Changes to pet food and specialty pet food packaging will provide consistency and transparency.
Pet owners will soon find updated packaging and labels when shopping for pet food and specialty pet food products, including treats and supplements — the first major update in more than 40 years. The Association of American Feed Control Officials (AAFCO) approved the new suggested labeling guidelines that include standardized nutrition information, clear ingredient statements, and storage and handling instructions. The modern design and updated information will ensure consistency and transparency, so consumers can easily make more informed buying decisions for their pets.
The passage of the revised Model Regulations for Pet Food and Specialty Pet Food sets a new standard for pet food manufacturers and distributors to follow. Feed regulatory professionals across the United States and Canada worked cooperatively with consumers and professionals within the pet food industry on a strategic course to ensure pet food labels provide a more comprehensive view of the product.
“The feedback we received from both consumers and industry advisors throughout this process was an important part of our collaboration to make improvements. We sought public comment to learn more about how pet food label changes would enhance transparency and provide clearer information in a consumer-friendly format. New packaging and labels will be well-defined and easy to understand. And that’s good news for all of us, from pet owners and manufacturers to pets themselves,” said Austin Therrell, executive director of AAFCO.
Recommended Enforcement Discretion Period
As states begin the rulemaking process of adopting and enforcing the Model Regulations for Pet Food and Specialty Pet Food, AAFCO strongly encourages uniform and timely adoption to ensure alignment and consistency. Each state should make a determination on adoption and enforcement with the recommendation to begin the formal rulemaking process. AAFCO is committed to working with our members and partners to ensure as much of a uniform adoption process as possible.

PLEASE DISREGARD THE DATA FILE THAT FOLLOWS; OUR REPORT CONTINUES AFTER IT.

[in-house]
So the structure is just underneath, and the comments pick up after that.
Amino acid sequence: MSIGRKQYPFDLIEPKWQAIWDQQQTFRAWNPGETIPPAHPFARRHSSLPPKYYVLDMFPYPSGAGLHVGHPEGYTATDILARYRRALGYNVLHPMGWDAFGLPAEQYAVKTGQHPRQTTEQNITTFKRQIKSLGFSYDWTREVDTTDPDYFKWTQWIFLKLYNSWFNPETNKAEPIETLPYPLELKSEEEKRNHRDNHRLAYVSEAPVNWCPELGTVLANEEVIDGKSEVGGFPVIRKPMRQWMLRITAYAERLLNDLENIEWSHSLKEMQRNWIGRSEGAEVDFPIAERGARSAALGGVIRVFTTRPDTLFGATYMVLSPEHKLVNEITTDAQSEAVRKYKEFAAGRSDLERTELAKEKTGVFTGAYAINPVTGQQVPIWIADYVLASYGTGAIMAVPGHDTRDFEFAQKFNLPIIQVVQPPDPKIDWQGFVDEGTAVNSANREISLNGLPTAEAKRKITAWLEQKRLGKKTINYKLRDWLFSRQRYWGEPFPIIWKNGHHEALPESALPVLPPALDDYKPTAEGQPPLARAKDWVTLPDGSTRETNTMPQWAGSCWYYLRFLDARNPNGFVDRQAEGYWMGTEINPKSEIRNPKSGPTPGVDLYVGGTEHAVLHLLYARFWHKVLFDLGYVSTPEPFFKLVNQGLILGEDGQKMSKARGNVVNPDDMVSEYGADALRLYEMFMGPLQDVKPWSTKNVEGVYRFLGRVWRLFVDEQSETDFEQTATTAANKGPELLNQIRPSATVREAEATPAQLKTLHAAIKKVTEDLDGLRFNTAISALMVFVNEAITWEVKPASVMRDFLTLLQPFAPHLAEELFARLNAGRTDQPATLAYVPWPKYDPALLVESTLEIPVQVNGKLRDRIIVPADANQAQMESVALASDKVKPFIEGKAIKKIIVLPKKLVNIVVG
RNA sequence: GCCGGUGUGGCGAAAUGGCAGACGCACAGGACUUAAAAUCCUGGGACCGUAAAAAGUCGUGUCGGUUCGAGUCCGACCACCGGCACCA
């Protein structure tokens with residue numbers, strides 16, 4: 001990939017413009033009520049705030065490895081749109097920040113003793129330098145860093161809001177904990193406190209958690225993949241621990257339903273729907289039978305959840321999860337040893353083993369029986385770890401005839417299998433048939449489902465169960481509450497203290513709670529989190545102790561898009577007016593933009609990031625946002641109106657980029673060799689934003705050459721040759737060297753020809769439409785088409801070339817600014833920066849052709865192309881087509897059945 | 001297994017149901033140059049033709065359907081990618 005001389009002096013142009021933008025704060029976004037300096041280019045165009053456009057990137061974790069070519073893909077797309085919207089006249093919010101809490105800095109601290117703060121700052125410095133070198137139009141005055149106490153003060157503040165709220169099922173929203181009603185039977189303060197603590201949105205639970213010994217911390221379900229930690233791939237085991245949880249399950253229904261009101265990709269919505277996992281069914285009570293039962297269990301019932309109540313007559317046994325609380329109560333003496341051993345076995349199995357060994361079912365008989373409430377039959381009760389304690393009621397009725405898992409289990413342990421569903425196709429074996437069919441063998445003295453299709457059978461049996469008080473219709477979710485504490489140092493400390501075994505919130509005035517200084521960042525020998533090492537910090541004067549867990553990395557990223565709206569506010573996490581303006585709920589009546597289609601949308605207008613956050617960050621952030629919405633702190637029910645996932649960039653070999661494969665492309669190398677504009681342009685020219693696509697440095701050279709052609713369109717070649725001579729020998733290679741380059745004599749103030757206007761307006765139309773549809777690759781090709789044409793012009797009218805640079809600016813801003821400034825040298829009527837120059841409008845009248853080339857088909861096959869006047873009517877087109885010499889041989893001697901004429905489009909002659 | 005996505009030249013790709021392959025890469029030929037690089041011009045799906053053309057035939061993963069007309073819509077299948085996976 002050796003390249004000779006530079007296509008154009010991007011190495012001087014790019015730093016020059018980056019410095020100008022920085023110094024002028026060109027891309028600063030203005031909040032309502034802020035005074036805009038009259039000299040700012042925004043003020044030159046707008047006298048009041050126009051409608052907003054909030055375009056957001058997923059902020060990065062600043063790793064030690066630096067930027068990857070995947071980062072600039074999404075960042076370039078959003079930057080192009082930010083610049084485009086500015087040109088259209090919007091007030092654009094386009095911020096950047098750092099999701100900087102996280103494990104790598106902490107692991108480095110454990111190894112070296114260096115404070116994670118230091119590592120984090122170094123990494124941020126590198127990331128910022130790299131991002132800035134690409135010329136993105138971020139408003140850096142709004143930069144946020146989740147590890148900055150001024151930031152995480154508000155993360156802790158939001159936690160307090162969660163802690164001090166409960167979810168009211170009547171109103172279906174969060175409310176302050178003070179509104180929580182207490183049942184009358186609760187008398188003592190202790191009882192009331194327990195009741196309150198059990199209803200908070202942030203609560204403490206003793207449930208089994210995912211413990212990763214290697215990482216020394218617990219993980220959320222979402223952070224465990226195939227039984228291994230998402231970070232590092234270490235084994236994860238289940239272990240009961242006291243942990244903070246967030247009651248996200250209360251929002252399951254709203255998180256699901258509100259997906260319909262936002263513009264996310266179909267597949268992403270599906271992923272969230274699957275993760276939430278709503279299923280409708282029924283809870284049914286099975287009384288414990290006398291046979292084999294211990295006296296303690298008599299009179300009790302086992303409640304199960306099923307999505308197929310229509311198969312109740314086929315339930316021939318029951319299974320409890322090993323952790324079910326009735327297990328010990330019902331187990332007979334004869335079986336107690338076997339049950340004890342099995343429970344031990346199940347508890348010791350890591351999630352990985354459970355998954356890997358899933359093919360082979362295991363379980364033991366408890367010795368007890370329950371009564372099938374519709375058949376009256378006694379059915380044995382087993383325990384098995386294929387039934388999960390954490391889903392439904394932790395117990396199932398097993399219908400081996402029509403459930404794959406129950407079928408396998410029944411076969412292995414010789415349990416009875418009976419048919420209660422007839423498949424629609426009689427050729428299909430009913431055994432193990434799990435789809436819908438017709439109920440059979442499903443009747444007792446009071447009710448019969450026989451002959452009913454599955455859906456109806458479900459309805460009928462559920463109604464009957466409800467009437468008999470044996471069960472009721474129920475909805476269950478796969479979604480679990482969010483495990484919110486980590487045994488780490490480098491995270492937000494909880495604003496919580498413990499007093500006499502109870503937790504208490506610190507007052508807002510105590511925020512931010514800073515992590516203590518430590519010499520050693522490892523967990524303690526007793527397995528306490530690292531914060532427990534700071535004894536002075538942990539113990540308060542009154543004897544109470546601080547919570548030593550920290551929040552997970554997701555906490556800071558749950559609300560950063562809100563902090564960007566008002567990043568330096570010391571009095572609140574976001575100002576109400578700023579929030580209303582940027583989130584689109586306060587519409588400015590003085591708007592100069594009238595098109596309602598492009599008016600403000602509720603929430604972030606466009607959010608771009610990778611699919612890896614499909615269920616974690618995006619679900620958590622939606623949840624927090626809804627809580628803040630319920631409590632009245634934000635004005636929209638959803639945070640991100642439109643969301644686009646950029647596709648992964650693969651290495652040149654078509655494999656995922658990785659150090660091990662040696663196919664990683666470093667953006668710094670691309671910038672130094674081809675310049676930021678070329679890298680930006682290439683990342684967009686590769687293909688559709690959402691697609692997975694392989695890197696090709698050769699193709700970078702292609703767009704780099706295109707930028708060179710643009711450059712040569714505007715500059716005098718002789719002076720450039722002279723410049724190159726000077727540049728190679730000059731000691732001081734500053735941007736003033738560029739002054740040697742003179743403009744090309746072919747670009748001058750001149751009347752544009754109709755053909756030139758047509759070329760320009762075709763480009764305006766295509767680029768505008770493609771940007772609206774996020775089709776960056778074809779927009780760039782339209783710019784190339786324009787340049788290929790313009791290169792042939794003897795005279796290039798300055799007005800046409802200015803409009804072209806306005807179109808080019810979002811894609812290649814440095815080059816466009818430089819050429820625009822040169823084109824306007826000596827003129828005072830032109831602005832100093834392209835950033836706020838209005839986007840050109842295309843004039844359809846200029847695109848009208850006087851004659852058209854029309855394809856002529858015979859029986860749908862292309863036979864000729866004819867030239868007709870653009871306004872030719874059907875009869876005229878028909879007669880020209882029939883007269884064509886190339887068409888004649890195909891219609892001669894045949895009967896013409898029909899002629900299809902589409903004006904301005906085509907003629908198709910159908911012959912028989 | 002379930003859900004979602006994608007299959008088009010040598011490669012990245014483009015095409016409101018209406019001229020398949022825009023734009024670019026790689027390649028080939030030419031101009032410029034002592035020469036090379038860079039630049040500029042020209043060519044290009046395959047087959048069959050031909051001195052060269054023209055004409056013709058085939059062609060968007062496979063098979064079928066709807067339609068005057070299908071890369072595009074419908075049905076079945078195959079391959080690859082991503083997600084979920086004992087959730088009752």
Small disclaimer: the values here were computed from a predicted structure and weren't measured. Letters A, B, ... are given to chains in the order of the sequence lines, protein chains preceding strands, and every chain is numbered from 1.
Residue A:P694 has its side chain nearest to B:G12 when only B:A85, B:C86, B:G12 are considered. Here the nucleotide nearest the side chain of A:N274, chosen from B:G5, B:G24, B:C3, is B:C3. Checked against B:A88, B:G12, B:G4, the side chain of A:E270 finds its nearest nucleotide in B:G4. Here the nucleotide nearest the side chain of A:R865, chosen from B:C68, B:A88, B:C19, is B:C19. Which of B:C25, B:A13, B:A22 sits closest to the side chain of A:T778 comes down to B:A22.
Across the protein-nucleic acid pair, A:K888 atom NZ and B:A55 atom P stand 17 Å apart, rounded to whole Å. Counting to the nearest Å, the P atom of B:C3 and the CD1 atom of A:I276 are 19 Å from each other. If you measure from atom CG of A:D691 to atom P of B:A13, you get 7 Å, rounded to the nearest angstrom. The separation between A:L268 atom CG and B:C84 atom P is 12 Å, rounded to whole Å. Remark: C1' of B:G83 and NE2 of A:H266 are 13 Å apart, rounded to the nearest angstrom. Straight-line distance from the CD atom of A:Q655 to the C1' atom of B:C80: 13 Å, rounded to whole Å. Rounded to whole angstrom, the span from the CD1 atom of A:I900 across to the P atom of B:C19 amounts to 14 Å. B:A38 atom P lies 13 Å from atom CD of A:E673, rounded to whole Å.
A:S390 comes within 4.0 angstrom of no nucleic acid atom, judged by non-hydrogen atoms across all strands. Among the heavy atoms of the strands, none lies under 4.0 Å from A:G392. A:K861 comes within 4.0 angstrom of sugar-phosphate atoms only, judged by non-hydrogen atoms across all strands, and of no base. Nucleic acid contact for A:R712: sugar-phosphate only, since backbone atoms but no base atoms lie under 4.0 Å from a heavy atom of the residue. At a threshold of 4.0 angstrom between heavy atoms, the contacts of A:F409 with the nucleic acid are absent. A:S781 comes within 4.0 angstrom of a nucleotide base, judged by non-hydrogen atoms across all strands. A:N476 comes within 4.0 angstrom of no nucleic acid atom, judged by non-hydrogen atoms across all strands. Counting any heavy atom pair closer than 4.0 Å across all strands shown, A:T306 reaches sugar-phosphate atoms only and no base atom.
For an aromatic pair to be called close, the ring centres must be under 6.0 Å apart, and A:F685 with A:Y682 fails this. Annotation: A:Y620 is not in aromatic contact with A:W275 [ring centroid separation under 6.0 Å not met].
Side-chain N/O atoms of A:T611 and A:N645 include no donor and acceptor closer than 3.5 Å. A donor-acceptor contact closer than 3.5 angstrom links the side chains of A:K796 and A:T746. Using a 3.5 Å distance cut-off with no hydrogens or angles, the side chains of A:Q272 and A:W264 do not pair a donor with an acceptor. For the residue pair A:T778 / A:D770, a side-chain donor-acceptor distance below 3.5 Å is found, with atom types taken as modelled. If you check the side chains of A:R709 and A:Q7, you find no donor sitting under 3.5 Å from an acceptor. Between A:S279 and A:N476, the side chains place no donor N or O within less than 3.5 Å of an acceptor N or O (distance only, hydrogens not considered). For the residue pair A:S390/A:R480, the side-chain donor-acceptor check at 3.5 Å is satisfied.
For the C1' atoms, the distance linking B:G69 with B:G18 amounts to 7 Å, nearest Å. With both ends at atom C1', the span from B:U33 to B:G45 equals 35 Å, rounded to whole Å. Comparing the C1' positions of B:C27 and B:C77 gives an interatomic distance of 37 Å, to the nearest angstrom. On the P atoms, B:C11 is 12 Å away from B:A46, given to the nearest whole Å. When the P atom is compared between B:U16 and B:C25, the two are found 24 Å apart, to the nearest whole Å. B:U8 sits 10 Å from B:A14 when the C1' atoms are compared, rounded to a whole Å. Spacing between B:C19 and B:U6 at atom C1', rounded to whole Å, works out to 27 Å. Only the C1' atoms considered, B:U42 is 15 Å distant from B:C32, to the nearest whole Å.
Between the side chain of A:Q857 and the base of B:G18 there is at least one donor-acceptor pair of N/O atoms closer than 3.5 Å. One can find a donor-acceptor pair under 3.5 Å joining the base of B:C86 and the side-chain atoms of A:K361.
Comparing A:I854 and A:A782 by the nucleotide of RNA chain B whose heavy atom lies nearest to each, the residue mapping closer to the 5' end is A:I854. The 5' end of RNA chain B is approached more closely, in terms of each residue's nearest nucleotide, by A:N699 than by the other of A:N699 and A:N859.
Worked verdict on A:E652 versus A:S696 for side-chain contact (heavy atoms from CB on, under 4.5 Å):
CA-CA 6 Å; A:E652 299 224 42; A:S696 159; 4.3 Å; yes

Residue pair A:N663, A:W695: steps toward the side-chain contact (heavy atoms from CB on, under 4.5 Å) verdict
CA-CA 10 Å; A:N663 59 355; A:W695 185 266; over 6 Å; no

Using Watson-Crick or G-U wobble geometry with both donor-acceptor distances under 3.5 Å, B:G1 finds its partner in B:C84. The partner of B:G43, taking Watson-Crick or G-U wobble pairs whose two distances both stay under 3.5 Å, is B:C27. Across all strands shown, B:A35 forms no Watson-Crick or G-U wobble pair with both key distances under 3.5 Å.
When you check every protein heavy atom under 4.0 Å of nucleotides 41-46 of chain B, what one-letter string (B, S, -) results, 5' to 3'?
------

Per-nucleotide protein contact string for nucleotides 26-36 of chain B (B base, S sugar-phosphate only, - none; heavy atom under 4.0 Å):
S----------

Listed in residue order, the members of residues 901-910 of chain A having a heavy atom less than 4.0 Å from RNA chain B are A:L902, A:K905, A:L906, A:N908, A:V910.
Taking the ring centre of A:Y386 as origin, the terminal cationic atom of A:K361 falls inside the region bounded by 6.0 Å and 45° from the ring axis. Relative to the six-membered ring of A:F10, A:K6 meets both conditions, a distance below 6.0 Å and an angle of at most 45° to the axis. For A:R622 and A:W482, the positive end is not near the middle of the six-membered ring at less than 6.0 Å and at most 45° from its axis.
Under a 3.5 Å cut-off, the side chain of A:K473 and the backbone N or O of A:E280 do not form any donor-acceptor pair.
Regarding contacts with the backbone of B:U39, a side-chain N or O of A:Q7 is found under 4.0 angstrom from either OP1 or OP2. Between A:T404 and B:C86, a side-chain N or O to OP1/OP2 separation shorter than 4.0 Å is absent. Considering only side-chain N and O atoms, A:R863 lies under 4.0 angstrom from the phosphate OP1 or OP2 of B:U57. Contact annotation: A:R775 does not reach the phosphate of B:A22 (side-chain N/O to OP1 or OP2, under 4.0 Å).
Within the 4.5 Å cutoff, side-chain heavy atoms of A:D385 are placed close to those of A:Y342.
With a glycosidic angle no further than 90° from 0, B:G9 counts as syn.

AAFCO recommends that state feed regulatory programs utilize enforcement discretion in the review of pet food labels for a period of six years, based on the date of the availability of the printed version of the 2024 Official Publication.
AAFCO‘s Pet Food Committee will evaluate this enforcement discretion recommendation annually, taking into consideration potential issues or challenges that may arise such as: methodology alignment, instrumentation procurement and time to build data sets pertaining to total dietary fiber; label and formulation development, website/e-commerce platforms and other software development related to market activities; and access to packaging design, printing and laboratory analysis support.
Major Label Changes
Below is a snapshot of what to expect from label updates in four key areas:
- Nutrition Facts Box – Updated to resemble human-food labeling more closely.
- Intended Use Statement – Updated to new location on the lower-third of the front display panel to help consumers easily identify the purpose of the pet food.
- Ingredient Statement – Updated to clarify the use of consistent terminology and allow parentheticals and common or usual names for vitamins.
- Handling and Storage Instructions (optional) – Updated and standardized with optional icons for greater consistency.
About Pet Food Label Modernization (PFLM)
AAFCO and its key stakeholders have worked together since 2015, to develop the revised Pet Food Model Regulations. Multiple rounds of consumer research were conducted to understand how pet food labels can better communicate important information. AAFCO used the feedback from consumers and industry officials to develop this new update and to support uniform state implementation of the new regulations. This initiative has been a key example of the benefit of industry and consumer collaboration to solve challenges and make improvements to pet food labels. For more information about PFLM, visit http://www.aafco.org/pflm.
Tera Keatts, Philosophy Communication